Newgrange seabed survey reveals hydrocarbon indicators

Providence Resources has issued a new evaluation report on the Newgrange prospect in frontier exploration license 6/14, 260 km (161 mi) offshore southwest Ireland.

Oct 15th, 2018
Newgrange prospect offshore Ireland
Newgrange prospect offshore Ireland

Offshore staff

DUBLIN, Ireland – Providence Resources has issued a new evaluation report on the Newgrange prospect in frontier exploration license 6/14, 260 km (161 mi) offshore southwest Ireland.

The company operates the license, where water depths are around 1,000 m (3,281 ft), in partnership with Sosina Exploration.

In JulyGardline’sM/V Kommandor vessel completed a seabed site survey, with the data to be used for permitting for an exploration well.

Initial analysis of the area over the proposed well location revealed the presence of more than 100 seabed pockmark features, thought to be the result of fluid seepage from the underlying geology.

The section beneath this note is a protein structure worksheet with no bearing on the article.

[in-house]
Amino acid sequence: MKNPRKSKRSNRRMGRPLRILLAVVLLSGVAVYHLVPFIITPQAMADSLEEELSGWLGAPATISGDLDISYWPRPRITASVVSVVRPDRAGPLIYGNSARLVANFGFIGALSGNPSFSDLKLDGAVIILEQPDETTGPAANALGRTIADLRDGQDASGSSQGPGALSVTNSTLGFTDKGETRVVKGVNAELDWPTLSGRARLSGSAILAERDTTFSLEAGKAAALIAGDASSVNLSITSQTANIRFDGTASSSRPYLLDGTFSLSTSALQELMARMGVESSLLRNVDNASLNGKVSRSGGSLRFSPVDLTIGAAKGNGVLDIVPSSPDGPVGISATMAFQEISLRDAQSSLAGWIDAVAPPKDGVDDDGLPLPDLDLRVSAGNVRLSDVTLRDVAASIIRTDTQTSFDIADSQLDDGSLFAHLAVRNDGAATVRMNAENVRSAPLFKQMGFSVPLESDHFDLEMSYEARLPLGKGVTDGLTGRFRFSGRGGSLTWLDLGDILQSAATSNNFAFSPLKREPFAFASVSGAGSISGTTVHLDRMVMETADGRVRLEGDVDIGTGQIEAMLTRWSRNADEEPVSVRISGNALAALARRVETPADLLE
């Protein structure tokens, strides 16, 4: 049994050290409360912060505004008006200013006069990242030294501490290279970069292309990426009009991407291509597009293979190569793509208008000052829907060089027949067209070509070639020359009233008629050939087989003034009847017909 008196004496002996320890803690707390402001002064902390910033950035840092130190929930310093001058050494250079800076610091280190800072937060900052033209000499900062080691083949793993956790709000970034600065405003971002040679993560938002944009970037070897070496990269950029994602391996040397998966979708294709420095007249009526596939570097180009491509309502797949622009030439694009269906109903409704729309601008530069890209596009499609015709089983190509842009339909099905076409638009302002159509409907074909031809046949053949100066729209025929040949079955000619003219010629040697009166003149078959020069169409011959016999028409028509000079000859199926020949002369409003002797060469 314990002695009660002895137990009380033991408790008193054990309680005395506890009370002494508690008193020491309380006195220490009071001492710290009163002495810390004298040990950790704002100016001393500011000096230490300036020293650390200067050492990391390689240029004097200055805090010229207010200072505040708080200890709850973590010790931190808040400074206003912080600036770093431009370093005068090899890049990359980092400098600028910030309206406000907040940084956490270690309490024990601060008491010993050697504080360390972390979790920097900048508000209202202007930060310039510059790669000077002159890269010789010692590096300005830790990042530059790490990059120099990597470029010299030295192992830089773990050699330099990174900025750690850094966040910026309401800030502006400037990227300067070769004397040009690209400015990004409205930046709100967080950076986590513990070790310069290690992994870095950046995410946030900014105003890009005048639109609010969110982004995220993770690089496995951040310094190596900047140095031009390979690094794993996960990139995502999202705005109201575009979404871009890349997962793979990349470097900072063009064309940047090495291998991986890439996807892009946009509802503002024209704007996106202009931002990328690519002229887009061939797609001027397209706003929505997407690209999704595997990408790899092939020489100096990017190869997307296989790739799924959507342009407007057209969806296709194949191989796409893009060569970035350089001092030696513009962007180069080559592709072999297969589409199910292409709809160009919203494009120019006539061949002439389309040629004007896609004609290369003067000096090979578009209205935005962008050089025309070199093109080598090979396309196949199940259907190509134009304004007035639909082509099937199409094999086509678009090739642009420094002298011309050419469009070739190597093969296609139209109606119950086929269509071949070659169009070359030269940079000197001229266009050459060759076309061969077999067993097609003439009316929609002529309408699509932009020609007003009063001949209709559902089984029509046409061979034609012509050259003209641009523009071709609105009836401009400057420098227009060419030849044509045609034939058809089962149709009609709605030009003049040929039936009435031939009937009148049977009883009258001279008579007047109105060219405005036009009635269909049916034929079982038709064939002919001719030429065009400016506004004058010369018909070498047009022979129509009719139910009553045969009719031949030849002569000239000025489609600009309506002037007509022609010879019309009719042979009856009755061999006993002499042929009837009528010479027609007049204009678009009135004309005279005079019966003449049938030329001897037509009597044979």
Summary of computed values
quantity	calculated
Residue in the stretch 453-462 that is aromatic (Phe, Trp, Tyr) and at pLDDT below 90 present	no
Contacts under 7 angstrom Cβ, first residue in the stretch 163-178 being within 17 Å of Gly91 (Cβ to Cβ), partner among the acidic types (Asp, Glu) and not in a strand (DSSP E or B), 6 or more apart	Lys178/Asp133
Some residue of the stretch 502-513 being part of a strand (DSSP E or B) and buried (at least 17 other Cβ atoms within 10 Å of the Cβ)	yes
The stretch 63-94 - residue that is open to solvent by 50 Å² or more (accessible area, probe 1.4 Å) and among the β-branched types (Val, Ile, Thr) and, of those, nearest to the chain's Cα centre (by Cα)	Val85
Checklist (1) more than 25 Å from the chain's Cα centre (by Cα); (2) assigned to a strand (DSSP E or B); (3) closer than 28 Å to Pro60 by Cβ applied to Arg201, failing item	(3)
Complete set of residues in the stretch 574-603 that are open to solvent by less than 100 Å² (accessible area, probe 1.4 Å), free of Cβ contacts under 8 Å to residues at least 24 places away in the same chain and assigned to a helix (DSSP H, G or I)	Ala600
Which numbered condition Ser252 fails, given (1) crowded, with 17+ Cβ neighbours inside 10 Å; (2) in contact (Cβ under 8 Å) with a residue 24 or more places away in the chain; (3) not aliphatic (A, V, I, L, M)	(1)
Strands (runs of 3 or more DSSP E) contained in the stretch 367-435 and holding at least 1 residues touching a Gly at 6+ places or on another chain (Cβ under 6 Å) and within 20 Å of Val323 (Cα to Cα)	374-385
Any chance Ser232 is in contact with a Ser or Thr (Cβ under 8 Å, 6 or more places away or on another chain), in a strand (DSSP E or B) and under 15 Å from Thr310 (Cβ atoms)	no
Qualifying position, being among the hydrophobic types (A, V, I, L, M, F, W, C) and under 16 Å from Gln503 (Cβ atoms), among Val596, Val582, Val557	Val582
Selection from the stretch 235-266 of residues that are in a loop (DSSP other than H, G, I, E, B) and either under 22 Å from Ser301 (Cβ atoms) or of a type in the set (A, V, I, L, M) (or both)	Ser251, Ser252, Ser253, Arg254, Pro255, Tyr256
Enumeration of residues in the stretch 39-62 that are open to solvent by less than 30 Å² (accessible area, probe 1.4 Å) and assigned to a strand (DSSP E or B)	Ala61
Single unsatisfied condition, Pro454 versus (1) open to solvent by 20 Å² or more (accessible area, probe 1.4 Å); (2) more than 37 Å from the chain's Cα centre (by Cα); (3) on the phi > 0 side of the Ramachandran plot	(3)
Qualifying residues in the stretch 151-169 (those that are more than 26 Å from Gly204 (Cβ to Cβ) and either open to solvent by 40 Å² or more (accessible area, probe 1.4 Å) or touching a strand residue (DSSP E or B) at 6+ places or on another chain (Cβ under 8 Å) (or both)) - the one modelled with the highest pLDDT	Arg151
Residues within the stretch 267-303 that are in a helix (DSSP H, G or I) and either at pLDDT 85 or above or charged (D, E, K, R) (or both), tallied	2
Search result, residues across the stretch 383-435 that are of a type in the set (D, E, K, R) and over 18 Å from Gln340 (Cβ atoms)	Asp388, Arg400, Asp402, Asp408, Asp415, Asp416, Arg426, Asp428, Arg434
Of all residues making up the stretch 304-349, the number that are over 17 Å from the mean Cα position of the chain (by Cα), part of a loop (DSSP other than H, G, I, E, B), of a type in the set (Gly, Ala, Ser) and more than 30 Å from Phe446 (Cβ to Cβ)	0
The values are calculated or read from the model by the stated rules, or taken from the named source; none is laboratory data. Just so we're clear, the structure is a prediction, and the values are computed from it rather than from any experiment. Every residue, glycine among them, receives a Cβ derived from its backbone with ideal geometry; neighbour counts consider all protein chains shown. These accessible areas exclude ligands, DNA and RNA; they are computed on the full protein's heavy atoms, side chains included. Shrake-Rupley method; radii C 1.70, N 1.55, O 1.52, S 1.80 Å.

Third-party analysis of seabed samples has in fact confirmed 262 seabed pockmarks, and geochemical analysis of other acquired seabed samples revealed the presence of biogenic and thermogenic hydrocarbon-sourcing signatures: this suggests the pockmarks could be associated with hydrocarbon migration.

In addition, high resolution sub-bottom 2D data have highlighted buried pockmark fields up to around 100 m (328 ft) beneath the seabed, an indicator of hydrocarbon migration over a prolonged period.

License farm-out discussions continue, and Providence is hopeful these could lead to drilling in 2019 or 2020. Its latest internal well cost estimate is less than $15 million, excluding mobilization.

Technical director Dr John O’Sullivan said: “The quantum of current seabed pockmarks, together with the positive geochemical analyses, support the presence of potential active source rocks in the area that could be charging Newgrange with either liquids or gas.

“In addition, the presence and extent of the buried pockmark fields attest to the longevity of these potential sourcing systems, confirming that they are not just a present-day phenomenon.”

10/15/2018

More in Regional Reports